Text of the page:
The effect of this call for a global ceasefire is still unknown. In the Yemeni conflict, Saudi Arabia announced a two-week unilateral ceasefire in April, but then resumed its military intervention one month later amid continued fighting in Yemen. On the other hand, the Syrian government is showing signs of hesitation in carrying out all-out military offensives against the opposition. In South Sudan, a new interim government for national unity was inaugurated in March 2020 based on the peace agreement reached in 2018, and a ceasefire and a peace process have been basically maintained for now. In Afghanistan, a historic peace agreement between the Taliban and the United States was concluded in February 2020. In mid-September, peace negotiations between the Taliban and the Afghan government began in Qatar over the future governance of Afghanistan. The warring parties in Libya announced a ceasefire and a basic peace agreement brokered by the UN in October 2020 and decided to hold an election in December 2021. In short, the impact of the global call is yet to be determined, but it is time for the international community to utilize this opportunity to advance peace processes around the world.

Summary: Role of Japan as a Global Facilitator

Considering the fact that the COVID-19 disaster has stricken millions around the world and is having a serious negative impact on the global economy, it is essential that Japan play a central role in advancing a global solution to the global pandemic. With regard to armed conflicts, I insist that Japan can start playing a role in facilitating dialogue among conflicting parties in some peacebuilding states, such as Afghanistan and South Sudan.

Through my presentations to the government and media, I keep insisting that Japan should position itself as a "global facilitator" to facilitate talks among conflicting parties and promote international dialogue to address the threats to human security, including the pandemic and global warming.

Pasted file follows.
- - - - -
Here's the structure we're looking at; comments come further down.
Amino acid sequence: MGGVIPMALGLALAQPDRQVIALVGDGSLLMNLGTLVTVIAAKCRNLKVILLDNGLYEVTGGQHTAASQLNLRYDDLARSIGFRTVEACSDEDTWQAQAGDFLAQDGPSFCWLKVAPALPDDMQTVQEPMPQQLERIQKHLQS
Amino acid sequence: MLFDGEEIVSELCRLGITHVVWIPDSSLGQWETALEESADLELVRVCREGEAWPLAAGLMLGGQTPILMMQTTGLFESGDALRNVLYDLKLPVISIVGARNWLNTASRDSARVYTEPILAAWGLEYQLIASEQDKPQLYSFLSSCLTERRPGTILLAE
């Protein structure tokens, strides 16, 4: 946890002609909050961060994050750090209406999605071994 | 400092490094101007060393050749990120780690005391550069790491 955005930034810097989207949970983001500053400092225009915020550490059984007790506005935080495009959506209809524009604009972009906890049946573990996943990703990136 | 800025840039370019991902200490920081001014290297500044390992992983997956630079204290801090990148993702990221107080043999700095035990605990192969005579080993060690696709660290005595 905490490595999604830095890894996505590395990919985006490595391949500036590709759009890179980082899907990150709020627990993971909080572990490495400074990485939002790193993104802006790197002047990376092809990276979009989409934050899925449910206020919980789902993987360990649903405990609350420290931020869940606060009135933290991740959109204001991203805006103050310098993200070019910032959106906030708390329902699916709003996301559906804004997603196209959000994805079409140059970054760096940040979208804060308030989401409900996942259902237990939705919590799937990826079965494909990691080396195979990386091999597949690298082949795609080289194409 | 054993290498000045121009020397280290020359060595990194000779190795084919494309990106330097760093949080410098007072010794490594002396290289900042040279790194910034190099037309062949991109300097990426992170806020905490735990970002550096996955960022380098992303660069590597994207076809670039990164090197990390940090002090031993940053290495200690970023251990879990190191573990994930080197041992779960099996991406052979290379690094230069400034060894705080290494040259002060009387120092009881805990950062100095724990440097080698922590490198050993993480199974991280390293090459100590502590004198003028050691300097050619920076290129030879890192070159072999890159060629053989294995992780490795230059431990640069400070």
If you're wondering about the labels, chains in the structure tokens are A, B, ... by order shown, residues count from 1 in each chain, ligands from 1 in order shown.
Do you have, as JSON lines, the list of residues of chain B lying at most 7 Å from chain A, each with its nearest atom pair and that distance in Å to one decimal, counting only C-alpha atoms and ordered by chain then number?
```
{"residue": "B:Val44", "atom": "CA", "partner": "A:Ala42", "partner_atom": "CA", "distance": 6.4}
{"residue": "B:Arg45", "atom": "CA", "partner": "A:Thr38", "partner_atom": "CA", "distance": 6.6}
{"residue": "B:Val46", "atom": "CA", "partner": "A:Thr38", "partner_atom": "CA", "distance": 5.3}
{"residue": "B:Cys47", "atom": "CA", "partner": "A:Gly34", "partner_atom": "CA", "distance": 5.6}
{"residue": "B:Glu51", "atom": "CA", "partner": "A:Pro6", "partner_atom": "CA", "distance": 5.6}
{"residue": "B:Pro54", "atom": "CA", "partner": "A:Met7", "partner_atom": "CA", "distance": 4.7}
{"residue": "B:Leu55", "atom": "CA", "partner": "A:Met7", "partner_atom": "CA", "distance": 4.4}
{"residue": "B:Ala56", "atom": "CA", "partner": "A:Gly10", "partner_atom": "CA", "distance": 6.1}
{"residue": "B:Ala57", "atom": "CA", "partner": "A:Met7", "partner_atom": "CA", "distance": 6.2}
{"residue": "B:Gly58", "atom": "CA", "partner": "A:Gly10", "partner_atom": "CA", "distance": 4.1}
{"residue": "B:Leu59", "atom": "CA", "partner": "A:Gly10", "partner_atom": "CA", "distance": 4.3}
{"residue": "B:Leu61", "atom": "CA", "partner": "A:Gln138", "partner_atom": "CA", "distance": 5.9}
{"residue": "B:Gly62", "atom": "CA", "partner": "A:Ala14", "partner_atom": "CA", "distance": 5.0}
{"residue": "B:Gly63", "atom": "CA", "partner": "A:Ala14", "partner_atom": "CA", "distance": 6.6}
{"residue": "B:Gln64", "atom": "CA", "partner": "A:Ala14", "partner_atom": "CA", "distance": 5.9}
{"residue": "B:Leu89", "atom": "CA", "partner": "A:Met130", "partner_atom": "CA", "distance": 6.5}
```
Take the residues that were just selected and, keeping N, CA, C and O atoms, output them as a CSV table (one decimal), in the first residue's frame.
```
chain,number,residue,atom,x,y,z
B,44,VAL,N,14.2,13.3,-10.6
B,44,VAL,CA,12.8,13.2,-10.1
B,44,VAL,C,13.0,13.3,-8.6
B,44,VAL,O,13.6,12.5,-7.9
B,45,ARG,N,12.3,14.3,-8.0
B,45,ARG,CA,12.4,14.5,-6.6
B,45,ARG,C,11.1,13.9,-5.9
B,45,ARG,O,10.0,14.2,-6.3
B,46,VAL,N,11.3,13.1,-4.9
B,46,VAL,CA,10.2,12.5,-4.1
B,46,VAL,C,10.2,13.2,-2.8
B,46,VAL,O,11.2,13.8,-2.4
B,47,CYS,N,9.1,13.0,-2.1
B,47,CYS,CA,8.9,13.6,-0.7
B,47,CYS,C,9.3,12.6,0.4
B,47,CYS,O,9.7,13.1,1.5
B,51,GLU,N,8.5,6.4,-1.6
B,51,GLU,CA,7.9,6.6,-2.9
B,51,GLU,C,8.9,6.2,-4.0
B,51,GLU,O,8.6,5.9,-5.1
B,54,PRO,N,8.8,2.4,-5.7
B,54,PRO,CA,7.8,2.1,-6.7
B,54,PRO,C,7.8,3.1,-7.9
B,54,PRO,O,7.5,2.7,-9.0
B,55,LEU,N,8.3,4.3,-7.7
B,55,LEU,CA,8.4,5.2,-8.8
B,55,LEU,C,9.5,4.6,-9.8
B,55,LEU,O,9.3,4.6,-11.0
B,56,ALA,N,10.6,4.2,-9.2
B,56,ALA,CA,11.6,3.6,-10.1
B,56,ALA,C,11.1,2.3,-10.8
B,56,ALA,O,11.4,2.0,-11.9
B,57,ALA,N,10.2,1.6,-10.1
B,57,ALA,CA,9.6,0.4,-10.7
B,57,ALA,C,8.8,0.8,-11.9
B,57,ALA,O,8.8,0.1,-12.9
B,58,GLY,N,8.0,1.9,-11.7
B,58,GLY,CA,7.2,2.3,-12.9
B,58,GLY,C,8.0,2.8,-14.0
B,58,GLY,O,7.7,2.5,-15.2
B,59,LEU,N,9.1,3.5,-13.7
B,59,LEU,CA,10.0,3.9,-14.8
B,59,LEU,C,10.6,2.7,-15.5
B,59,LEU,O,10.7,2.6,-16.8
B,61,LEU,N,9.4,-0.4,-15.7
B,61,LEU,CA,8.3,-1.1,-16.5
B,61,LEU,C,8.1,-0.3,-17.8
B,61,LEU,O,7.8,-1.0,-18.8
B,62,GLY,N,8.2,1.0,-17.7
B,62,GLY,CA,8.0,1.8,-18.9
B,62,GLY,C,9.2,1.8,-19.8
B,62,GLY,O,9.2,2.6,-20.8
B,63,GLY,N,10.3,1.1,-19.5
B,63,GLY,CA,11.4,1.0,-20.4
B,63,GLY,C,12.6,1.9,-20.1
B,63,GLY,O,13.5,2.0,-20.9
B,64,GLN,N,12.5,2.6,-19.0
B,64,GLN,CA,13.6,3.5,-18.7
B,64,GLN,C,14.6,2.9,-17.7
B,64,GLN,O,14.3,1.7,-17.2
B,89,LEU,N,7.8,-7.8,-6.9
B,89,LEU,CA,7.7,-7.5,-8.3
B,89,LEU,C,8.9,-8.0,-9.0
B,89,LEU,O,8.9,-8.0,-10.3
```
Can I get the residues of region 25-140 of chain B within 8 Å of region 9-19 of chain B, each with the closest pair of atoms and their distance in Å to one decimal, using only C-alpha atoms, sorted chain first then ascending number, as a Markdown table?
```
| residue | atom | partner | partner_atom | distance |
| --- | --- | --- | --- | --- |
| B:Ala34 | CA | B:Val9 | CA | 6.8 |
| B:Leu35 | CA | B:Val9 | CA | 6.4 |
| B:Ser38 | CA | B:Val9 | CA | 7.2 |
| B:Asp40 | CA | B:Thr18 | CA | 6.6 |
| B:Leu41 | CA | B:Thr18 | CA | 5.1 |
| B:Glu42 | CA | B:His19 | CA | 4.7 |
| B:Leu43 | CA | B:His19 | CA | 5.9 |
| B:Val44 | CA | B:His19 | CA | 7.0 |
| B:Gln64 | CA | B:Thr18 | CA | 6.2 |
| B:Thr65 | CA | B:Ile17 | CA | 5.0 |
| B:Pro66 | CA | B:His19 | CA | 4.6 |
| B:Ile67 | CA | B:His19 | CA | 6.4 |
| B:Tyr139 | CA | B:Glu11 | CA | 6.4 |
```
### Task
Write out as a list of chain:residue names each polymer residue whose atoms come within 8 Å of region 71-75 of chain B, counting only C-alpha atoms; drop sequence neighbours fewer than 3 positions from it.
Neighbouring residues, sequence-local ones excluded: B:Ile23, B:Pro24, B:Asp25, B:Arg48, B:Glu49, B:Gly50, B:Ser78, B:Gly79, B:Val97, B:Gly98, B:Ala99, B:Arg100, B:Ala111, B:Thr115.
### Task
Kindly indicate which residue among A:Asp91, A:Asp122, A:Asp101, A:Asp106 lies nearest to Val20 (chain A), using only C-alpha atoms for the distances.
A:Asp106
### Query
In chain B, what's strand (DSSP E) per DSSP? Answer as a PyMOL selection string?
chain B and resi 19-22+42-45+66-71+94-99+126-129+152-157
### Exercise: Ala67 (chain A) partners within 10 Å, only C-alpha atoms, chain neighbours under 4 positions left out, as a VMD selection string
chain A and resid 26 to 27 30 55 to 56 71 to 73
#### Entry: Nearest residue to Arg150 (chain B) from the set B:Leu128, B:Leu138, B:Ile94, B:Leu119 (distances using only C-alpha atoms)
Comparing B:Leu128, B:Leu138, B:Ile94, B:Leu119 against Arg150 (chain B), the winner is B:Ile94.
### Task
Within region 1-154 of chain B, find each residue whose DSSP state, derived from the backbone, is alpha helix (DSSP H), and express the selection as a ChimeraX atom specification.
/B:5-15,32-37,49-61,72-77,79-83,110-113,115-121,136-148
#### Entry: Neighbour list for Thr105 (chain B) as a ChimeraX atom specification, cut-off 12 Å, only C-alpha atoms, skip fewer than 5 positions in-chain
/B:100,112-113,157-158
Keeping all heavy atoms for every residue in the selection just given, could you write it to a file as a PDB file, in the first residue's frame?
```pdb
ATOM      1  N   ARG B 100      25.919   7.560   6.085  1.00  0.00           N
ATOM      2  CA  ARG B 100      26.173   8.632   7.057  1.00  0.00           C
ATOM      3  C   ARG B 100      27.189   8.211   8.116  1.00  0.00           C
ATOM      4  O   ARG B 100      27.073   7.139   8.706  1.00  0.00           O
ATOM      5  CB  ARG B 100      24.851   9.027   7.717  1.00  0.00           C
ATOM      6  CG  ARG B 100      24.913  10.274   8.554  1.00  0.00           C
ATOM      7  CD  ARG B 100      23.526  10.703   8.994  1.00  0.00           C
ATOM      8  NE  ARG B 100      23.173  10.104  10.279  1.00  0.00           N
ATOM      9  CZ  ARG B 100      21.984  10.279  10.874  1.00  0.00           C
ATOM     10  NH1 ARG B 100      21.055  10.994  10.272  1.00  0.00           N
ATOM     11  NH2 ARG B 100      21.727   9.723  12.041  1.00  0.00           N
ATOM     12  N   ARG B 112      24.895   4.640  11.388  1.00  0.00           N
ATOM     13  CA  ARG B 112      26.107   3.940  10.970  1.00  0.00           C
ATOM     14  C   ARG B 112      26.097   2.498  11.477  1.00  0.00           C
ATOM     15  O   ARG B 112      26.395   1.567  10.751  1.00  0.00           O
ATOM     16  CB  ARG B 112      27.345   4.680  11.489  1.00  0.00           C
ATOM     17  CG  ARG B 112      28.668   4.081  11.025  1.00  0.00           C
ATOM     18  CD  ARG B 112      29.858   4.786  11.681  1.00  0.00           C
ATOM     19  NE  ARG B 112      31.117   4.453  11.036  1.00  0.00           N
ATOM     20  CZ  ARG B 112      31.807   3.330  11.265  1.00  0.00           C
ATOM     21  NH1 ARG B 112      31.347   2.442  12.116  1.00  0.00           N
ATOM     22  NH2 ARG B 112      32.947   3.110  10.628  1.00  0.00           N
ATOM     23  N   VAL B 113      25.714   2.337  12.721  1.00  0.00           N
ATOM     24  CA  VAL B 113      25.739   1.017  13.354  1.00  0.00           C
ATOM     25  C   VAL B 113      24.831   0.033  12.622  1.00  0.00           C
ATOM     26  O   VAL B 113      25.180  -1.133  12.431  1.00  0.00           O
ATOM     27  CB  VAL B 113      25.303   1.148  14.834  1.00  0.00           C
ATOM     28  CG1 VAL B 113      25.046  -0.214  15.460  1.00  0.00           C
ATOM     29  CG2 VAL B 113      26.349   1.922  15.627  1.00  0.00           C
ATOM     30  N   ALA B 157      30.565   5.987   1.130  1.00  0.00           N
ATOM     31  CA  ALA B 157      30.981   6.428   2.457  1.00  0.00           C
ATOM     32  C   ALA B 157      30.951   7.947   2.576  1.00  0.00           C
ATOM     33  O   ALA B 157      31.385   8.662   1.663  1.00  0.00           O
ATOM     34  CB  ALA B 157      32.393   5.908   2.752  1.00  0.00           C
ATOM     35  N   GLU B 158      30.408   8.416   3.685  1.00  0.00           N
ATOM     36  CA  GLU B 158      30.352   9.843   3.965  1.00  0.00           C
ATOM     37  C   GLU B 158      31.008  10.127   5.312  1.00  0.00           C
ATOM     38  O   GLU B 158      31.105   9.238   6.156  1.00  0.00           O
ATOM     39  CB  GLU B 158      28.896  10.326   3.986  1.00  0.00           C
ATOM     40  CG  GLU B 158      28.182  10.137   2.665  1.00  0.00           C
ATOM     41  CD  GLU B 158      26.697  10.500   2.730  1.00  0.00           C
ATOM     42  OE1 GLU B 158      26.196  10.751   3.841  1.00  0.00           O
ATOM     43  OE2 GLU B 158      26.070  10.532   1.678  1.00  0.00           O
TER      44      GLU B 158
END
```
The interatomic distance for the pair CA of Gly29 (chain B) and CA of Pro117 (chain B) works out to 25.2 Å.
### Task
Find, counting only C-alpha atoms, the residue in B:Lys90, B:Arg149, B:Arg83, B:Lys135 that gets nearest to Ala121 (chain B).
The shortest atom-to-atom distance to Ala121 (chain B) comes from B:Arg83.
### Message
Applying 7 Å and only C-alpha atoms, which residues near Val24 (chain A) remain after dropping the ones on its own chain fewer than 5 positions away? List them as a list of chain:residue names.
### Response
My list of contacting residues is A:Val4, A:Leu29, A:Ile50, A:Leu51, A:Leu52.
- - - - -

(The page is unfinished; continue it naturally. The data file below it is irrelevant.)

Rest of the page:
If Japan's government clearly expresses its determination to play a role as a global facilitator as its national strategy, I am convinced that there are many Japanese diplomats, ambassadors, and JICA officials working on the ground who would like to contribute to promoting dialogue among conflicting parties.

Likewise, if the top of the Japanese government sends its strategy as a global facilitator to the entire government, then individual ministries and agencies will consider and implement a wide range of international cooperation. For example, the Ministry of Defense could share with people in Asia and Africa its expertise on how to save lives during natural disasters, as the Japan Self-Defense Forces have accumulated expertise on life saving as a result of the natural disasters that happen almost every year in Japan. The Ministry of the Environment could promote dialogue on global warming—and the Ministry of Health, Labour and Welfare on infectious diseases and universal health care—with other member states, the UN, NGOs, and international experts to create better solutions together.

The experience of the COVID-19 pandemic presents an important opportunity to add concrete policy to Japan's long-held concept of "human security." As the confrontation between the United States and China intensifies, I am convinced that Japan's facilitative role is welcomed by many countries around the globe, based on my field research in different conflict areas for three decades.

(Daisaku Higashi specializes in mediation and post-conflict peacebuilding. He also served as team leader for reconciliation and reintegration in UNAMA, as well as a Minister-Counsellor in the Japanese mission to the UN in charge of mediation and peacebuilding issues.)

1. I would like to take this opportunity to extend my sincerest thanks to Dr. Kayo Takuma, a professor at Tokyo Metropolitan University, for the wealth of advice he provided me on the COVAX Facility.
2. Pettersson, Therese & Magnus Öberg. 2020. "Organized violence, 1989-2019". Journal of Peace Research. 57(4).